Monday, November 11, 2013

Flood Insurance Hike?


Another assault on the pocket book of home owners!

The Federal Flood Insurance program is under the gun to raise rates. It has been in the news since Super Storm Sandy as it put a heavy hit upon the federal program.  It also was the focus of some scrutiny on
the lack of coverage for major storms and lack of homes covered in flooded areas.  It isn't surprising that massive storm is causing those concerned with this matter to have second thoughts or seeking to revise the program

The update below from Al Clark gives you a sense of what is going on presently!

LAWMAKERS TRY TO DELAY HIKE IN FEDERAL FLOOD INSURANCE PREMIUMS

Lawmakers Try Slow Flood Insurance Premium Hikes

A bipartisan group of federal lawmakers hopes to slow down or halt big increases in homeowners flood insurance premiums.

They've introduced legislation that would delay rate increases for up to four years and make changes in the law that forced up the cost of federal flood insurance - The Biggert-Waters Flood Insurance Reform Act.

Flood damage typically isn't covered by homeowners insurance.

The National Flood Insurance Program (NFIP), run by the Federal Emergency Management Agency (FEMA) is generally the only flood insurance available to homeowners, even though flooding is the most common natural disaster and occurs in all 50 states.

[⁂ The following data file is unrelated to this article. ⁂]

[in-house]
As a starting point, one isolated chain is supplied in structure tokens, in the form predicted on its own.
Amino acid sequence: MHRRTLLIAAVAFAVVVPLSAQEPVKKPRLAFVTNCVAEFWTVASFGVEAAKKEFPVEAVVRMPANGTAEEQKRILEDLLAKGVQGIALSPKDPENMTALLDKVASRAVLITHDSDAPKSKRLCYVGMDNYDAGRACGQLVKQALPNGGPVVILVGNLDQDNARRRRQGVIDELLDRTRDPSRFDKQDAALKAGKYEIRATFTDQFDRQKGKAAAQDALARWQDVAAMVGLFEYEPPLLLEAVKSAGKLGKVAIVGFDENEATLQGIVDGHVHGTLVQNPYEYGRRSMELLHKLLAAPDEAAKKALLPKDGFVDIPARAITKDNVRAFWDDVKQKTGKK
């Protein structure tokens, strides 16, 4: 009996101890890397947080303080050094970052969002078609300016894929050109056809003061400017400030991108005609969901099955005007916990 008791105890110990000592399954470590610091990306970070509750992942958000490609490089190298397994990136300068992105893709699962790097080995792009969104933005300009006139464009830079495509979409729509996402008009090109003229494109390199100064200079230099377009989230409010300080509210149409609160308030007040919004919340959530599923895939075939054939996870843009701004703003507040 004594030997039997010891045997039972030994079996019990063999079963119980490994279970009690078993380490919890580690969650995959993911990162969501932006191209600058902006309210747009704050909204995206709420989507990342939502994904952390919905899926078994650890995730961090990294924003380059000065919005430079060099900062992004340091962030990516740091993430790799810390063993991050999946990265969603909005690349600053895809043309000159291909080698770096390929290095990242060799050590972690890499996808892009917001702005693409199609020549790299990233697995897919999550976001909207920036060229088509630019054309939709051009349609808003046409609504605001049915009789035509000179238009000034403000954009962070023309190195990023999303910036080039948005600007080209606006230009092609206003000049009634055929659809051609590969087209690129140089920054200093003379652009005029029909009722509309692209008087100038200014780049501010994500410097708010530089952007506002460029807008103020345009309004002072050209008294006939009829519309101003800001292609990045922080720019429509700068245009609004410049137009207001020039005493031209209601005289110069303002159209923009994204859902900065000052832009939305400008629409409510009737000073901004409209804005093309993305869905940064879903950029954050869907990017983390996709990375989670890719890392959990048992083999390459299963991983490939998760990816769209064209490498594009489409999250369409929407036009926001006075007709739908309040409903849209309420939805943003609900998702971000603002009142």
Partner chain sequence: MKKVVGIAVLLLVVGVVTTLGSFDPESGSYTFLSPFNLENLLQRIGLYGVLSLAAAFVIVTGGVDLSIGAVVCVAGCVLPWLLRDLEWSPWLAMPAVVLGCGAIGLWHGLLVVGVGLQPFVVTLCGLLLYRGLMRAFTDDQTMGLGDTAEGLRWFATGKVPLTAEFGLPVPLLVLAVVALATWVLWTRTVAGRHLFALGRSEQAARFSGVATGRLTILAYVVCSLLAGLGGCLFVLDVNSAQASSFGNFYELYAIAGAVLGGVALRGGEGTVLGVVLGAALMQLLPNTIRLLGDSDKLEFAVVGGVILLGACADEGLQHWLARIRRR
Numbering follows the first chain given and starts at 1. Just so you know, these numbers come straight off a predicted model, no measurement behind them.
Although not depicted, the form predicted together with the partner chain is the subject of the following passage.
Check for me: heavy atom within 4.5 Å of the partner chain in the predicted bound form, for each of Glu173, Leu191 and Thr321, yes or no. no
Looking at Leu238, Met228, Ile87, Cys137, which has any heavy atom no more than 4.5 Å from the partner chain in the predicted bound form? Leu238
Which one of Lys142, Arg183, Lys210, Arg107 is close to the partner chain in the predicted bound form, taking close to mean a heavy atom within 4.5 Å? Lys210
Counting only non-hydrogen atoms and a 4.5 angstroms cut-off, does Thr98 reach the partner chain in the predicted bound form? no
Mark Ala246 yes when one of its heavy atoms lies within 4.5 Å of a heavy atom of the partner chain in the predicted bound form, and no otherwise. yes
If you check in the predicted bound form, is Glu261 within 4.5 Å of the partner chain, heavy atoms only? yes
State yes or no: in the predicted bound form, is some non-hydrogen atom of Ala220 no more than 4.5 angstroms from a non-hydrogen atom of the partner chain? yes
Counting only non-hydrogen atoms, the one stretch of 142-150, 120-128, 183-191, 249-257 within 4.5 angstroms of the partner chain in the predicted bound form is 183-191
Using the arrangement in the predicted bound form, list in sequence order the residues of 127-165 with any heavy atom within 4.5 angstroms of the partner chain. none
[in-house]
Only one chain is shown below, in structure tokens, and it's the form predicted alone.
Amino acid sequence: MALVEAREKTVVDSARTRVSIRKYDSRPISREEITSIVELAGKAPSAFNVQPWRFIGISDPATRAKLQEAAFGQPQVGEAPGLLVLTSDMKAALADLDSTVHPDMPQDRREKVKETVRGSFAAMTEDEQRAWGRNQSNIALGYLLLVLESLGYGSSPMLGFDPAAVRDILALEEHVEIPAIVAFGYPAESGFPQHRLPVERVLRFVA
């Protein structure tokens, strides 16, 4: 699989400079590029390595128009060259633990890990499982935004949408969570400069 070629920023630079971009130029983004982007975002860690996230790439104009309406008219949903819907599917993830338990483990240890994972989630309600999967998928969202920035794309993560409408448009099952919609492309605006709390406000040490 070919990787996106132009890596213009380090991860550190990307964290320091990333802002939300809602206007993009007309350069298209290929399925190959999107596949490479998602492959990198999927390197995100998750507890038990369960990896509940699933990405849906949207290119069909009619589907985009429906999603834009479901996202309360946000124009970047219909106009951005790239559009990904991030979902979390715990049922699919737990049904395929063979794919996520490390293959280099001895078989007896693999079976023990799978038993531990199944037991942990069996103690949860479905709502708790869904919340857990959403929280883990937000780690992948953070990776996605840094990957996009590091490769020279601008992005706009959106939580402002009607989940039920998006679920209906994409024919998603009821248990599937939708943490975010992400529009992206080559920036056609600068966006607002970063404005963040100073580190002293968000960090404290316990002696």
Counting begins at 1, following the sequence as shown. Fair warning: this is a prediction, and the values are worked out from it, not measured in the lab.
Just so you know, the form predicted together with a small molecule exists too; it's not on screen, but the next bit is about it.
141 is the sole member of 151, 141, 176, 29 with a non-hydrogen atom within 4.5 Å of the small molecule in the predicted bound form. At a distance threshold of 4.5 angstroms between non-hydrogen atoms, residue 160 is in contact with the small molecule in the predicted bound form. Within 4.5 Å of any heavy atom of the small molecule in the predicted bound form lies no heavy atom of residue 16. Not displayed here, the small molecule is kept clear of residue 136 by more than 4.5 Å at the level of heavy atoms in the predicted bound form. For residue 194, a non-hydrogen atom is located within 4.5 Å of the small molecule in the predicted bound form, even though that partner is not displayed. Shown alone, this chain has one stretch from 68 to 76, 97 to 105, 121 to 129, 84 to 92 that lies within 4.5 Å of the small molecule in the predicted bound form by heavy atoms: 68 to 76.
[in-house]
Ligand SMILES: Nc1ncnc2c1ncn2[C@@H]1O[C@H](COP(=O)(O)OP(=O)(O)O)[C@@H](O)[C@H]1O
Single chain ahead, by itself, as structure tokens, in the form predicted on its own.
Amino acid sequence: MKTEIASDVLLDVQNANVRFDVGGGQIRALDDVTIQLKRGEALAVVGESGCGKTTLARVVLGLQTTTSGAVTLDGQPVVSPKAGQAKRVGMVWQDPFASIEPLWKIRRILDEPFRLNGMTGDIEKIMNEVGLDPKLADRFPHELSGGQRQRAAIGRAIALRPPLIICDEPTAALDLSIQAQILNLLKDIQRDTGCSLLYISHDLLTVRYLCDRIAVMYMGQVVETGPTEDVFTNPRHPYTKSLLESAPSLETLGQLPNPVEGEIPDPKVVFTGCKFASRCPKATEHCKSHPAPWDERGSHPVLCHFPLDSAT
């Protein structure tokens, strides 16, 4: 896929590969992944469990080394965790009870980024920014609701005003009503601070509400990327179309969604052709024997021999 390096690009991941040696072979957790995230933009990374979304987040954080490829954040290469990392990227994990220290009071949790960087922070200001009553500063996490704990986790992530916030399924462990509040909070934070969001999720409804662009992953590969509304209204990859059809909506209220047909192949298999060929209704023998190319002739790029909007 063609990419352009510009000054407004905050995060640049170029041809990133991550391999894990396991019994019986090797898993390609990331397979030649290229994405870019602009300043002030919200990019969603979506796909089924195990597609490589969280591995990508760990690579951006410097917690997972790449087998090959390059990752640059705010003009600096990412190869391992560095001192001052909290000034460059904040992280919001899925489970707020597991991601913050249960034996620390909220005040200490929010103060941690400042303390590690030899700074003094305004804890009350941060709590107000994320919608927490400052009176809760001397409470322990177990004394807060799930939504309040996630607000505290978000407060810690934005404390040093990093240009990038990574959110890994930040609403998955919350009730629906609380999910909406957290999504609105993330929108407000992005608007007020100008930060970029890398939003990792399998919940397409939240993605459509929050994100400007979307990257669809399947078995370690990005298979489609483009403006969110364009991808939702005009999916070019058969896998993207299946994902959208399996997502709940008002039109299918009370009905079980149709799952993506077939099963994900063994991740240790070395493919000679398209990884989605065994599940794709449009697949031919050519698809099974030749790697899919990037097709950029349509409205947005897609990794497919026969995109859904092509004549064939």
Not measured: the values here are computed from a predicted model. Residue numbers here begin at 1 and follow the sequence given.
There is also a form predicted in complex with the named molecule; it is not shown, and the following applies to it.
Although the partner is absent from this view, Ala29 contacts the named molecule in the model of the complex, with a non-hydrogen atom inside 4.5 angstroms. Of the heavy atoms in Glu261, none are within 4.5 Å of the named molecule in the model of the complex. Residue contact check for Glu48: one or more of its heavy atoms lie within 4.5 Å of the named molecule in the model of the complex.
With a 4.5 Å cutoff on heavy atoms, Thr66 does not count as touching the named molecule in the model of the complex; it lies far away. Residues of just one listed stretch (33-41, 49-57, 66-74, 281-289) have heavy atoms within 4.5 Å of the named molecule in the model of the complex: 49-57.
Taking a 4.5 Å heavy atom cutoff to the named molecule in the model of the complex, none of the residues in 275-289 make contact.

The original flood reform bill's namesake, Rep. Maxine Waters, recently introduced The Homeowner Flood Insurance Affordability Act (H.R. 3370) to correct flood insurance problems. Senators Robert Menendez (D-NJ) and Johnny Isakson (R-GA) introduced a companion bill in the Senate.

"FEMA's poor implementation, inaccurate mapping and incomplete data has led to unreasonable and unimaginable increases in premiums," Waters said.

"This legislation would ensure that FEMA undertakes program changes in a way that will not cause harm, by delaying implementation until it provides Congress the facts on how rate increases will affect homeowners. It will also give us the information we need to go through the program piece-by-piece and fix any outstanding affordability issues."

Other lawmakers are tackling the flood insurance issue, too:

Florida Republican Congressman Gus M. Bilirakis' Homeowners Flood Insurance Relief Act (H.R. 3312) would cap premiums and phase in rate increases over 10 years. Homeowners would get to pay premiums monthly instead of annually.

Massachusetts Attorney General Martha Coakley's proposal would cap premiums and limit the amount of flood insurance your mortgage lender could make you purchase. Under her proposal, your mortgage lender couldn't forced you to buy a flood policy covering more than the outstanding amount of your loan or to cover the contents of your home.

Florida Insurance Commissioner Kevin McCarty plans to make it easier and more appealing for insurance companies to offer private flood insurance in his state.

Courtesy of Al Clark's HomeActions Newsletter
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